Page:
Category: organisers

Technology, Tools and Traps

By , 12 October 2007 7:19 pm

I have been busy this week, partly with getting hold of the new car. (Very nice, thank you.) But doesn’t everything take so much of an effort these days? The Octavia manual runs to 200 pages and that’s only the English; you are aware how far computers have made inroads into the world of the car.

One other thing that has occupied me this week has been trying to find an online calendar and To Do program that I can access from any computer at home or work and also from my Windows Mobile phone. As you may or may not be aware, there are some very fine products, such as Yahoo Calendar, Google Calendar and a few other things that are great for managing dates and appointments. There are also some very good pieces of task management software, and the one I have got the most mileage out of so far is the splendidly named Remember The Milk. Hitherto I have used Microsoft’s Outlook, but find that it has all sorts of limitations. Currently Google Calendar and Remember The Milk seemed to be the best combination, but transferring dates and times from Outlook into the online Google calendar is far from easy.

Why have I been so anxious to do this? It’s actually a very good question. The first answer is that I want to be able to organise my life, wherever I am. I want to be able to know what I have to do and when I have to do it. I want to be able to click on any computer and be told I have this marking, and this preparation to do. And, I would add, because I am not the most organised of people, this is vital. The reality is, I suspect something far deeper. It is a forlorn, doomed hope that I will find some wonderful piece of software that will actually do the work for me. I live in hope that there will be something that, with a few mouse clicks, will write those references on students, mark those papers and prepare those lectures. I acknowledge the full force of the curse on Adam in Genesis chapter 3, paraphrased from memory thus: ‘from now on, you will only earn a living by the sweat of your brow’. But I live in hope that somehow, somewhere I will find an exception to this rule. Incidentally, this is not why I write books. I write books for the same reason that I scratch my body; it’s an itch that needs attention. But yes, I’d love to write full-time.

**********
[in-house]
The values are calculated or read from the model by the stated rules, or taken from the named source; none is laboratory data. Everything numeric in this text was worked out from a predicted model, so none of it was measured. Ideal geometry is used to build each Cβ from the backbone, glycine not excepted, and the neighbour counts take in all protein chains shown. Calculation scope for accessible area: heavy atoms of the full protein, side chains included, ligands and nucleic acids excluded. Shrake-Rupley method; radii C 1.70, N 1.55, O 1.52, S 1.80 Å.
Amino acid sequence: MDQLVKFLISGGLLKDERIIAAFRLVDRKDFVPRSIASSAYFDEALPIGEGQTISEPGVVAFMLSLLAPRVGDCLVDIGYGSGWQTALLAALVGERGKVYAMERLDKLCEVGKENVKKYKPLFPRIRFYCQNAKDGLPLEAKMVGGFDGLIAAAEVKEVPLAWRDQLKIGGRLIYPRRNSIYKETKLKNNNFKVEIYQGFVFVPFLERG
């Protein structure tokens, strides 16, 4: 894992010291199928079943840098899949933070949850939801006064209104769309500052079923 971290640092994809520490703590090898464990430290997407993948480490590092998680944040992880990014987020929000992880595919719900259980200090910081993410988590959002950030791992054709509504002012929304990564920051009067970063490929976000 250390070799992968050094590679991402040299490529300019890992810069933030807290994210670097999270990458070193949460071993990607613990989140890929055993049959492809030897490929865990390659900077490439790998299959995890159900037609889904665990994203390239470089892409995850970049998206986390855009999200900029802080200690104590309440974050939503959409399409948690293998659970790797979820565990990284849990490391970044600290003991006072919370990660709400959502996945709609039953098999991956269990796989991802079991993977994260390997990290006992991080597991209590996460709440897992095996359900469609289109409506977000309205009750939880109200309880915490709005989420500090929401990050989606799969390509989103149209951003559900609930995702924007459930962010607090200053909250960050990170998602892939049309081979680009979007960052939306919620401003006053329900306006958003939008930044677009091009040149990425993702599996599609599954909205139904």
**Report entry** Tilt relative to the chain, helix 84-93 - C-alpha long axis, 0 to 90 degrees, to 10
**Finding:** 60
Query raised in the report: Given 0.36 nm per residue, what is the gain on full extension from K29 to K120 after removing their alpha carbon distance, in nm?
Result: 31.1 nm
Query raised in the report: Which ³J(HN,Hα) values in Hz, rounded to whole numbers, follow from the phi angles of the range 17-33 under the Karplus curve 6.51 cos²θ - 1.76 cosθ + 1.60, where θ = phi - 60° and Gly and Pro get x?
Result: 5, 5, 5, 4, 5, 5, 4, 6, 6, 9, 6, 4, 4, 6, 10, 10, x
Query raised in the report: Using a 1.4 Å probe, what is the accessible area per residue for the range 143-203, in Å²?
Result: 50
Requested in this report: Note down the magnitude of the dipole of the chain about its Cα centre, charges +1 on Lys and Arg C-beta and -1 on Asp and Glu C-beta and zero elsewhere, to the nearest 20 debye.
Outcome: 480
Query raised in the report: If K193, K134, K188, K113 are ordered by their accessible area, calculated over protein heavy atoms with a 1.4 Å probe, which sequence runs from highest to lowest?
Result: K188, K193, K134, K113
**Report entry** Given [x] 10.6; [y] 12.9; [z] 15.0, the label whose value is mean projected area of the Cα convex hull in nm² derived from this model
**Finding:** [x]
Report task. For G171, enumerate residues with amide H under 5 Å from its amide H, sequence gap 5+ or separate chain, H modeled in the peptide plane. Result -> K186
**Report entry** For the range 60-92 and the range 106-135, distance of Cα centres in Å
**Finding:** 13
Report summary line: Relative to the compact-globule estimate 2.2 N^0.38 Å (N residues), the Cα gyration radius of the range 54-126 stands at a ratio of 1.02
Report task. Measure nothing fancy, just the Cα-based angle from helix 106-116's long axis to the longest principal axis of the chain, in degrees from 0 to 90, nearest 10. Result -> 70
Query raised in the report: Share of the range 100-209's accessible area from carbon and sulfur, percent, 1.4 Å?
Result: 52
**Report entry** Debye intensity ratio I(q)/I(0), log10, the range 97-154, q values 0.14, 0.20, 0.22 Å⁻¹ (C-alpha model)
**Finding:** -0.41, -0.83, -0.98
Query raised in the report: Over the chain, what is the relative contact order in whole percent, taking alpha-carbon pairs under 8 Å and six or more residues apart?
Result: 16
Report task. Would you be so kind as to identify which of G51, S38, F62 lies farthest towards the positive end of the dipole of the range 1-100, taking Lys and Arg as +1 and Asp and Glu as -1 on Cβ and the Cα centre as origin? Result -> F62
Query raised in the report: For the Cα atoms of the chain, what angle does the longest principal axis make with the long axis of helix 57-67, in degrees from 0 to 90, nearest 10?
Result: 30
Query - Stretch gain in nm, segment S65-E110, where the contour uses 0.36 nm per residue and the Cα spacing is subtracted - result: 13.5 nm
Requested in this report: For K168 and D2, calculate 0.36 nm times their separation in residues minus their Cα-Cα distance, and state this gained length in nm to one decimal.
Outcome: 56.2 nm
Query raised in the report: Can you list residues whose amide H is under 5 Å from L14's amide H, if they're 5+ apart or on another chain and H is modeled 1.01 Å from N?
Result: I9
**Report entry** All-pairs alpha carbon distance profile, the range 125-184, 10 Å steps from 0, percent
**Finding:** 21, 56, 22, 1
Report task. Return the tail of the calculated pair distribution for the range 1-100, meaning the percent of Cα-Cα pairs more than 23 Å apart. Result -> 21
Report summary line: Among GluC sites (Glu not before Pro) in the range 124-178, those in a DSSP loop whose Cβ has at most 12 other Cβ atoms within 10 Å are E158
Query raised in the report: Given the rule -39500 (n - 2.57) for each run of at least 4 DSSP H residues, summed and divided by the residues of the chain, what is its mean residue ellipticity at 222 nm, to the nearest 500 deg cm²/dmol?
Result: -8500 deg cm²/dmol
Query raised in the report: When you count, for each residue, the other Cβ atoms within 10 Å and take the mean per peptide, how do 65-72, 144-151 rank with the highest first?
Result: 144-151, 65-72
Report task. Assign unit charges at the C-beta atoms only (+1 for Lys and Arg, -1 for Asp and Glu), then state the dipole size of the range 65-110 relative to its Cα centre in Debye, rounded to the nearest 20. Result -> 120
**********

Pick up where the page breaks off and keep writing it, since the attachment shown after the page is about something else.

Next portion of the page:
This leads me to an intensely valuable piece of advice that I read over 20 years ago, which I share with you gladly in the hope that someone else might find it equally helpful. It was so striking that I can still remember where I read it: it was in an imported computer magazine (yes, they did have them in those days) in Antananarivo, Madagascar. It was a summary of some early work on two sets of managers: one IT literate, and the other IT illiterate. They had followed them for a couple of years to see how they progressed. To everyone’s surprise, the IT illiterates actually advanced faster up the corporate ladder than their colleagues. The reason, the writer concluded, was that the computer literates spent far too much of their time tweaking the software, learning tricks and helping other people sort out computer problems. The IT illiterates simply got on with their job.

Two decades and three or four jobs later, I can only say that this strikes me as being a very profound observation for writers, educators and everybody else. What technology gives with the one hand, it takes away with the other. Somewhere Stephen King talks about he calls ‘the world’s finest word processor: the Waterman fountain pen’. In an age when cars come with 200 page manuals, I know exactly where he is coming from.

Panorama Theme by Themocracy